The UK has been told by the OECD to “hold fire” on a new tax on big technology companies planned for April.
The secretary general of the organisation, which is tasked with brokering a global compromise on the issue of tech giants not paying enough tax, said there would be the risk of “a cacophony” if a worldwide agreement is not reached.
Angel Gurria told the BBC that if a solution was not reached, the result would be “cacophony and a mess”, with 40 countries going their own ways and “tensions rising all over the place”.
Gurria also said the British government should “absolutely hold fire” on its plans to levy a two per cent tax on the UK revenues of search engines, social media companies, and online marketplaces.
He said the UK should “contribute to a multilateral solution” instead of introducing the tax as planned in April.
A spokesperson for the Treasury said: “We’ve committed to introduce our Digital Services Tax from April 2020. It will be repealed once a global solution is in place”.
Gurria warning comes shortly after France agreed to delay the introduction of a new tax on multinational technology firms after the proposals sparked an angry response from Washington.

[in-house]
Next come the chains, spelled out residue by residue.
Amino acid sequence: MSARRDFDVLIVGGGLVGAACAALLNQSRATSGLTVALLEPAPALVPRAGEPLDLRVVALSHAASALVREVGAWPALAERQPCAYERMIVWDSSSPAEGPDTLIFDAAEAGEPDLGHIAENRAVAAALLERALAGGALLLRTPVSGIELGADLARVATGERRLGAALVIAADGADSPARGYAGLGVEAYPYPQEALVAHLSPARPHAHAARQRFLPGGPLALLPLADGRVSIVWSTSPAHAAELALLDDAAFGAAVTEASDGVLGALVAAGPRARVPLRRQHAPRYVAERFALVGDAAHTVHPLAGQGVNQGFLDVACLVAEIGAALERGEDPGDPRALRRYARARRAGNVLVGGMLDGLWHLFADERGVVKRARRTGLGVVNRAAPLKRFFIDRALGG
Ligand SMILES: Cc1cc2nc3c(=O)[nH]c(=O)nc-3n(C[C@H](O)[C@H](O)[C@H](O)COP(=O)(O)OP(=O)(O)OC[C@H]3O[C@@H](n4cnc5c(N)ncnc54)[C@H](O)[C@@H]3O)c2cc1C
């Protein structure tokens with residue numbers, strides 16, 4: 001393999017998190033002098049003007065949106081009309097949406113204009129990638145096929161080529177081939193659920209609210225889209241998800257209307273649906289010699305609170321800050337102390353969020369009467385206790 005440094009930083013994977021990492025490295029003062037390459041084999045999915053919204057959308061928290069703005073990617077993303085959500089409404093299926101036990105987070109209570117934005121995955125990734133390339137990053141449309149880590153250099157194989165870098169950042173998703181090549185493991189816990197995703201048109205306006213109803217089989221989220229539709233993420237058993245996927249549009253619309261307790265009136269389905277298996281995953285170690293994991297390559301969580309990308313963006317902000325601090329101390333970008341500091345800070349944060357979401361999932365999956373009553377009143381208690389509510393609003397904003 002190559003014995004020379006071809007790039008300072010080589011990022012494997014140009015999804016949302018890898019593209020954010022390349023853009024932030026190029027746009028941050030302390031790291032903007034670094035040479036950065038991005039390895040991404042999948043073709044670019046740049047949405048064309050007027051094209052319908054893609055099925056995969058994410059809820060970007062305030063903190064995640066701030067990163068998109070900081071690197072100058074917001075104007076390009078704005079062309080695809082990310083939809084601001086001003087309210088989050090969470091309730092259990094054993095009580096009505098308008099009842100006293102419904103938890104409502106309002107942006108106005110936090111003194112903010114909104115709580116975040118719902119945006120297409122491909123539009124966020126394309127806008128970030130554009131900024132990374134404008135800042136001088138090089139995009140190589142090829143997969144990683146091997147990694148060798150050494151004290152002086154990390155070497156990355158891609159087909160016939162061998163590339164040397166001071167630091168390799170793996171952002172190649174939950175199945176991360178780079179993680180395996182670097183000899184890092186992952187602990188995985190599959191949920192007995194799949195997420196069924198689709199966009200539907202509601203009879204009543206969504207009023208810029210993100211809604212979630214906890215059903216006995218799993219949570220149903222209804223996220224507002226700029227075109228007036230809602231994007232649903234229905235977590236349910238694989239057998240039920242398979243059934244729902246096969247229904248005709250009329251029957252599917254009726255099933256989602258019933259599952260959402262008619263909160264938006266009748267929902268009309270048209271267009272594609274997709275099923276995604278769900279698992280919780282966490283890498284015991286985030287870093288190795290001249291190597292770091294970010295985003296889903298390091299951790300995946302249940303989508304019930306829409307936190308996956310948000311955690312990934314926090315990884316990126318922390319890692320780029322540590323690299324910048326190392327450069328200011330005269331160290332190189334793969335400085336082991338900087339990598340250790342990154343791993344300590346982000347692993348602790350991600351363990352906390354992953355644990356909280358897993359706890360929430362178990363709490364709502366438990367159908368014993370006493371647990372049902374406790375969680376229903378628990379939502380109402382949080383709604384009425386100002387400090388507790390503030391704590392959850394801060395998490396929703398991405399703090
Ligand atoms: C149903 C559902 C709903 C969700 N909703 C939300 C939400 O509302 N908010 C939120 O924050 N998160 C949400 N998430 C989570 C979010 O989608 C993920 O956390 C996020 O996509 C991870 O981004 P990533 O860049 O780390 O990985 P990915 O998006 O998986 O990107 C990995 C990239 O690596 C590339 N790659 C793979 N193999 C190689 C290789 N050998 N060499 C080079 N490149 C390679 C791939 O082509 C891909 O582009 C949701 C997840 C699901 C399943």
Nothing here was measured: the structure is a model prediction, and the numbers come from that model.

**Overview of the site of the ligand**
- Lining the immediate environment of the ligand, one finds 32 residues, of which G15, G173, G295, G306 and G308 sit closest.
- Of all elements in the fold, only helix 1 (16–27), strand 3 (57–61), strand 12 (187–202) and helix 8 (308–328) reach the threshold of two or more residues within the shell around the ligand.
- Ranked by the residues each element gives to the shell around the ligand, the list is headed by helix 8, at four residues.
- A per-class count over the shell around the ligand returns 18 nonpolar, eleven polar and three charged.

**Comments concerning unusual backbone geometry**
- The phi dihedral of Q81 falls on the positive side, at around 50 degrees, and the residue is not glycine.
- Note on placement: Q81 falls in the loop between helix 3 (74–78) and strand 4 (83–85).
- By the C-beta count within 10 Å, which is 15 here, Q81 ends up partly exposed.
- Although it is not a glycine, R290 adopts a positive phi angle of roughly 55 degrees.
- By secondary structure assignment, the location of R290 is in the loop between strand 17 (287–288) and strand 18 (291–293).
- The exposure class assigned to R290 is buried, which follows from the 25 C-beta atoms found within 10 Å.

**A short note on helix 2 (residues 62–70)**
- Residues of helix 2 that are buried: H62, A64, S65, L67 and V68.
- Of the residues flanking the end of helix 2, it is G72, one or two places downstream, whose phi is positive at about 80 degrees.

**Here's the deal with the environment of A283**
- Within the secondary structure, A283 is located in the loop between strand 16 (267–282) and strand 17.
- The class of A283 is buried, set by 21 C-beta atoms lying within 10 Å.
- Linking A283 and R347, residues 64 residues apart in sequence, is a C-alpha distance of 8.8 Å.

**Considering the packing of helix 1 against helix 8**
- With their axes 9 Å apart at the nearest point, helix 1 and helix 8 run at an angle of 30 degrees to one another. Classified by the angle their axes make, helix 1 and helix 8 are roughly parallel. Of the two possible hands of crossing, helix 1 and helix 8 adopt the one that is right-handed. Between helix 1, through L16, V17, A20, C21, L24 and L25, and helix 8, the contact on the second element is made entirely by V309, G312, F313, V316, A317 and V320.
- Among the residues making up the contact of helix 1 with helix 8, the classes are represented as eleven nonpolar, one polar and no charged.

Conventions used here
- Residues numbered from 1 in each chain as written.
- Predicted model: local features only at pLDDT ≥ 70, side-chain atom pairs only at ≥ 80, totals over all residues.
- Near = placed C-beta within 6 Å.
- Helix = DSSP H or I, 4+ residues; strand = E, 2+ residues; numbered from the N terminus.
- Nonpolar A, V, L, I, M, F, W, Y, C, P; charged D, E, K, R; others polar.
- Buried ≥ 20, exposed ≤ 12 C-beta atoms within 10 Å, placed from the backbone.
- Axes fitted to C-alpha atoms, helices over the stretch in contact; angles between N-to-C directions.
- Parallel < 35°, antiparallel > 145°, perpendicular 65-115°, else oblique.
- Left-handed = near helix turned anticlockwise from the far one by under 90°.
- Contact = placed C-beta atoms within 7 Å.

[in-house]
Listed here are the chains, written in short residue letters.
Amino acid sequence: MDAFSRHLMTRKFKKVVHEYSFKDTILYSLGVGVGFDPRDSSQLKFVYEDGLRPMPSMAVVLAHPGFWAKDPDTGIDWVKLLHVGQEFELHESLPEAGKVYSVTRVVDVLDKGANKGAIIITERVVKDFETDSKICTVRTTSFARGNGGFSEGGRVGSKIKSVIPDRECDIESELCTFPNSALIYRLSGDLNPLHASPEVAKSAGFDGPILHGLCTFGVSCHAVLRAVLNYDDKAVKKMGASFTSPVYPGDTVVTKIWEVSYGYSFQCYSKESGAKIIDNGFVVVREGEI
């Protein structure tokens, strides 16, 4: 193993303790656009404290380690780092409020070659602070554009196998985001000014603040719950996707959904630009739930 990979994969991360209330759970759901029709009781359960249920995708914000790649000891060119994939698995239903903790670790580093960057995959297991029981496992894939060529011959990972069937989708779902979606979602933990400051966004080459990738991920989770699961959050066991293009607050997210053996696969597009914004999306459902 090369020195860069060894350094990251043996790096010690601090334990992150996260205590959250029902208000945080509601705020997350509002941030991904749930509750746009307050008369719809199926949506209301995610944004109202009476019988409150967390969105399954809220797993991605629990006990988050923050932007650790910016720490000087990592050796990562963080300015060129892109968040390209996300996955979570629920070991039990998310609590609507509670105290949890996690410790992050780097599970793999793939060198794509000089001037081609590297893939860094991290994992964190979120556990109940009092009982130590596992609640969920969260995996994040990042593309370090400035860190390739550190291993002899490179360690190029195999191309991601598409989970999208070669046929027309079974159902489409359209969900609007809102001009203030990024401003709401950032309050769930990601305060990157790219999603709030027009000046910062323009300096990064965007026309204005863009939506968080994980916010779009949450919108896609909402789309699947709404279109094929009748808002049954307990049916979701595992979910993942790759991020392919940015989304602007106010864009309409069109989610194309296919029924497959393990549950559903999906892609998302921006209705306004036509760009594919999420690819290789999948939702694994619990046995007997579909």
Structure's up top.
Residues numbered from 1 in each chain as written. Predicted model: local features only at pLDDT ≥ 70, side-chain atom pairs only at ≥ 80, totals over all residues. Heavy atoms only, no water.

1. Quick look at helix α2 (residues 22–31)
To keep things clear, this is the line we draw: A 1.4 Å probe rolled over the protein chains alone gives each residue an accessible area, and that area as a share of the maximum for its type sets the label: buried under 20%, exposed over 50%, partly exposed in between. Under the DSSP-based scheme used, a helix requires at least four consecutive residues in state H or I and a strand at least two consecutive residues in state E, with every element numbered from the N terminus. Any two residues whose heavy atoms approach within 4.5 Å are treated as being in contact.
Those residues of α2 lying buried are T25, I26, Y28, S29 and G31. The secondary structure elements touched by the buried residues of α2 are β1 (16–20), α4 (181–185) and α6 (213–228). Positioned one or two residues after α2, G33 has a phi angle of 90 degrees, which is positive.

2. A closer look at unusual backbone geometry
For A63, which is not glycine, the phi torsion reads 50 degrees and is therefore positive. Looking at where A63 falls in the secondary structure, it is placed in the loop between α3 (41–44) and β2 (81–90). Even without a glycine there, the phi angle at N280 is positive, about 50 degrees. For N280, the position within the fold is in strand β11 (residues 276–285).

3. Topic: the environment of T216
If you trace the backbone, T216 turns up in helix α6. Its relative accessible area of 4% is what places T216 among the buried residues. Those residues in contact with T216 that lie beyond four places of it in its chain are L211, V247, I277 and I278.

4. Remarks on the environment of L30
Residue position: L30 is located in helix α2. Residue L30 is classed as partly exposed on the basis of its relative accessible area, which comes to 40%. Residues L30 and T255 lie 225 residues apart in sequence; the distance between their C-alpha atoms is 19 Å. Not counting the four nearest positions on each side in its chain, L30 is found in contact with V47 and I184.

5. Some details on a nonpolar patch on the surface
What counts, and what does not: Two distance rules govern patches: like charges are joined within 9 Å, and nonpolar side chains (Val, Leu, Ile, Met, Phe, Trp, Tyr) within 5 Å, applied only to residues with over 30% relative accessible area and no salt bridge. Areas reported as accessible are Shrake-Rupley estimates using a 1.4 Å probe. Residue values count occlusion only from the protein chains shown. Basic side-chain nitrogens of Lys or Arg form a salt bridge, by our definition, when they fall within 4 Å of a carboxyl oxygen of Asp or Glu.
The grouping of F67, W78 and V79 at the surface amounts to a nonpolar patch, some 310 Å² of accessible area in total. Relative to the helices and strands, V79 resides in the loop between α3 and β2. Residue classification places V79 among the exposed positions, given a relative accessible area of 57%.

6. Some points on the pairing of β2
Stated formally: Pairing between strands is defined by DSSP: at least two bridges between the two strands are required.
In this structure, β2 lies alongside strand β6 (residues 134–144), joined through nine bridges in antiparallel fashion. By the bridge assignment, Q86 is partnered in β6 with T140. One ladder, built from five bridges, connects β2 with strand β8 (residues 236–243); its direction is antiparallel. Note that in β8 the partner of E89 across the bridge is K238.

The US had threatened to impose retaliatory tariffs on $2.4bn (£1.8bn) of French goods including cheese and champagne after the tax was passed in July.
France will now delay the implementation of the new levy, a three per cent tax on French digital service revenues from companies with revenues of over €25m (£21m) in France and €750m worldwide, until the end of 2020.
French officials have repeatedly said that any international agreement reached on digital taxation by the OECD would immediately supersede its new tax.
Nearly 140 countries are set to meet at the OECD at the end of the month to lend their support to the biggest restructuring of international tax rules since the 1920s, in a bid to bring them up to date for the digital age.
Many tech companies have indicated their support for the tax system changing, with Microsoft president Brad Smith telling the BBC: “”it does make sense for big tech companies to pay appropriate taxes”.
Apple chief executive Tim Cook yesterday backed the OECD’s efforts to find a global solution to the issue.